War of the Rebellion: Serial 121 Page 0593 CORRESPONDENCE, ETC.-UNION AND CONFEDERATE.

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prisoners for drinking, washing, adn cooking, are of great purity, containing only traces of the sulphates and chlorides, and of lime, magnesia, and iron. The bakery is situated near this steam, and one of the Confederate regiments is camped on the hill above, but these sources of contamination are too far distant to sensibly affect the constant flowint waters. The only perceptible effect was a slight increase of the chlorides.

The waters of the stream which the hospital inclosure, as well as of the deep well within the hospital grounds, were in like manner of remarkable purity, and contained only slight traces of the chlorudes and sulphates and the salts of lime, magnesia, and iron. The waters of the steams issuing from the stockade and hospital are contained by the excrements, filth, and offal of the Federal prisoners, and contain not only these matters, and various salts resulting from their decomposition, but also numerous maggots, animalculae, and cryptogamous plants. As these waters loaded with filth and human excrement flow sluggishly through the swamp below, filled with trees and reeds coated with a filthy deposit, they emit an intolerable and most sickening stench. Standing as I did over these waters in the middle of a hot day in September, as they rolled sluggishly forth from the stockade, after having received the filth and exrements of 20,000 men, the stench was disgusting and overpowering, and if it was surpassed in unpleas antness by anything, it was only in the disgusting appearance of the filthy almost-stagnant waters moving slowly between the stumps and roots and trunks of fallen trees and thick branching reeds and vines, with innumerable long-tailed, large, white maggots, swollen peas, and fermenting excrements and fragments of bread and meat.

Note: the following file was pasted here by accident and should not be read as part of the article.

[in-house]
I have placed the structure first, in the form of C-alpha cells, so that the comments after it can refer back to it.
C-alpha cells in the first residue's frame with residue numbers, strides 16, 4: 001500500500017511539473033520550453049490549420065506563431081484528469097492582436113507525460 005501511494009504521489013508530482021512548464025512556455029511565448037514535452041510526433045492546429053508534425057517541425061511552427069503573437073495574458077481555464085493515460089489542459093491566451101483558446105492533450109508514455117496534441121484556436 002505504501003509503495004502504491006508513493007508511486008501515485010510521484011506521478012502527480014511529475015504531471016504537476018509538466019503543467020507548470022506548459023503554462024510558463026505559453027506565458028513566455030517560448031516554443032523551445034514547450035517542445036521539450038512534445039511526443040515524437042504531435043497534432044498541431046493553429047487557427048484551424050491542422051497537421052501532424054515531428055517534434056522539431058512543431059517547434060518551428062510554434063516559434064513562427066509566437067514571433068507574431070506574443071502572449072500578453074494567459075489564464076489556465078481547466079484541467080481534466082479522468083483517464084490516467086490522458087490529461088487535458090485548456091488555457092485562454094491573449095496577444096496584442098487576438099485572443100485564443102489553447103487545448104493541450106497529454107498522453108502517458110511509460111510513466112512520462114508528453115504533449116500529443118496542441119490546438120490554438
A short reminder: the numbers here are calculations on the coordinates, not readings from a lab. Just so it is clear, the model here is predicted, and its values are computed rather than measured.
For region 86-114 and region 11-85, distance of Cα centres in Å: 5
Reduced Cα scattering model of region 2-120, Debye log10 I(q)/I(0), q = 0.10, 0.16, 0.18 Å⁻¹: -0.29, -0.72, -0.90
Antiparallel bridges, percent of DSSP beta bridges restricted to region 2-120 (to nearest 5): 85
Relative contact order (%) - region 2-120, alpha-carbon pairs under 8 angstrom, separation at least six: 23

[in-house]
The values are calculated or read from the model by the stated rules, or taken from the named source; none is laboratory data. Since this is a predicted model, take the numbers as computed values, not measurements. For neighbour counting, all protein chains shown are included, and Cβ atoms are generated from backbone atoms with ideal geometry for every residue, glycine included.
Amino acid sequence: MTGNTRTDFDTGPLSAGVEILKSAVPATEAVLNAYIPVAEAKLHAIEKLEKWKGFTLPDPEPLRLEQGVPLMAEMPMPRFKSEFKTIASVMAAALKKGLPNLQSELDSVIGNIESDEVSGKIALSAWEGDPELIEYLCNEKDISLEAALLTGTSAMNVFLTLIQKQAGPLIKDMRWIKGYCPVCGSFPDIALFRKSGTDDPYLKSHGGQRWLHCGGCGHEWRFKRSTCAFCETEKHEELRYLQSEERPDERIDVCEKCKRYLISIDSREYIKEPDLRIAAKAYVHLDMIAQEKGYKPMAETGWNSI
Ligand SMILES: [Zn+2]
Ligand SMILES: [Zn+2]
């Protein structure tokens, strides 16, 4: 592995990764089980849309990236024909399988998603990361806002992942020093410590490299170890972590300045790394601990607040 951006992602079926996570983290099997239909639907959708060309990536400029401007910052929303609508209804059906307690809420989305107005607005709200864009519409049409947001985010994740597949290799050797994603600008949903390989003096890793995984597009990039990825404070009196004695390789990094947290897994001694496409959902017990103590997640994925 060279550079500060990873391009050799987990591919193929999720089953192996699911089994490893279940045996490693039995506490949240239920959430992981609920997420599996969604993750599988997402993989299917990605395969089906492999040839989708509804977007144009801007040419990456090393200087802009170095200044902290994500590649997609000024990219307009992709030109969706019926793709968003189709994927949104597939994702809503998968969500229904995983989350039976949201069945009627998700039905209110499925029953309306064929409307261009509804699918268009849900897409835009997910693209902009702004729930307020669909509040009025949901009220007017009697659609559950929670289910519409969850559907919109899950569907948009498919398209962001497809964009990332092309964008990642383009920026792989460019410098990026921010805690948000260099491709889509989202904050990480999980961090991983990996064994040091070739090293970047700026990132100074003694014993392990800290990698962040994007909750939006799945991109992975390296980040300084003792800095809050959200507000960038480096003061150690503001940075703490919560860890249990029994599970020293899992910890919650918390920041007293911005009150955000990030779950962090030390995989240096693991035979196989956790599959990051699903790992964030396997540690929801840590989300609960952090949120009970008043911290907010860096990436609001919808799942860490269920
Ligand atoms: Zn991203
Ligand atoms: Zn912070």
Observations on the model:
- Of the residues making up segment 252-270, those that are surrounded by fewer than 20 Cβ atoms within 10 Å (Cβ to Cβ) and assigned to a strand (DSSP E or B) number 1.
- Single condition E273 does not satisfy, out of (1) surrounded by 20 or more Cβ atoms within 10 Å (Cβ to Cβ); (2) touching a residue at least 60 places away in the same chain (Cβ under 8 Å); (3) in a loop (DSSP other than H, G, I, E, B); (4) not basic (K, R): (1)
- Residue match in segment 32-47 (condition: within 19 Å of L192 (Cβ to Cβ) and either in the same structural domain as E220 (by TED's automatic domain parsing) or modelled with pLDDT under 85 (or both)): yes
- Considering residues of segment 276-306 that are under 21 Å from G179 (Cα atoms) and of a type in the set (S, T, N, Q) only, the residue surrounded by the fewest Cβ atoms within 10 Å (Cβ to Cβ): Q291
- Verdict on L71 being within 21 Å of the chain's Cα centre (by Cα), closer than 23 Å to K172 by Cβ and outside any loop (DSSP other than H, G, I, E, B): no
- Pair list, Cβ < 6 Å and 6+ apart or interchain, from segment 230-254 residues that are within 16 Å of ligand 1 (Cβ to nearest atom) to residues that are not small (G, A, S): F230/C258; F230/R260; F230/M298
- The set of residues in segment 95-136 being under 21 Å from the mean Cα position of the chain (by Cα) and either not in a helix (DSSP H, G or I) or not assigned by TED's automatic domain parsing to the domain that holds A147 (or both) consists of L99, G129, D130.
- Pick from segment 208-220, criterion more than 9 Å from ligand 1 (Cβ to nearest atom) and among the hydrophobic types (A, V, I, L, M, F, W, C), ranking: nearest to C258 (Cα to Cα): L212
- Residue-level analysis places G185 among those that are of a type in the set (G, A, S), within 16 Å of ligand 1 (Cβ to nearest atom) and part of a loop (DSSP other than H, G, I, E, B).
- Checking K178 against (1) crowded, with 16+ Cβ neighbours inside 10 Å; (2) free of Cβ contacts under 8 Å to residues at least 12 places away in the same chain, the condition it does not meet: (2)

Vegetation.- The vegetation of the highlands and hills indicates the poverty of the soil. The low grounds swamps bordering the steams are of too great extent, and they do not manifest by their growth any special fertility. The forest trees covering the high grounds and hills consist cheifly of the long-leaf pine (Pinus australis), yellow pine (P. mitis), barren scrub oak (Quercus catesbaei), black jack oak (Q. nigra), post oak (Q. obtusiloba), upland willow oack (Q. cinerea), Q. discolor, Q. coccinea, Q. rubra, Q. falcate, Q. biloba, persimmon (Diospyros virginiana), chinquapin (Castanea pumila), black walnut (Juglans nigra), holly (Ilex opaca), wild plum (Prunus umbellata), Prunus chicasa, Prunus virginiana, maple (Acer rubrum), sweet leaf, wild haw, whortleberry, and many other shrubs. With the exception of the pines, the oaks and all the trees growing upon these barren hills presented a stunded diminutive appearance.

The low grounds and swamps bordering the steams were clothed chiefly with sweet gun (Liquidambar styraciflua), tulip tree (Liriodendron tulipifera), black gum (Nyssa multifora), tupelo (Nyssa aquatica and N. uniflora), red flowering maple (Acer rubrum), lined beech, small magnolia, sweet bay, red bay, myrtle, the common cane, and numberous shurbs and vines, also several species of pine (P. serotina and P. palustris, P.----), and of oak (Q. aquatica, Q. alba). The swamps in this immediate vicinity appear to rest upon sand and to have no great depth of vegetable mold.

From this examination we conclude that there is no recognizable source of disease in the soil and waters of Andersonville, except perhaps to a limited extent in the immediate neghborhood of the narrow swamps and low grounds bordering the steams.

As far as I could ascertain, the high lands of Sumter County have proved very healthy to the inhabitants. Along the borders of the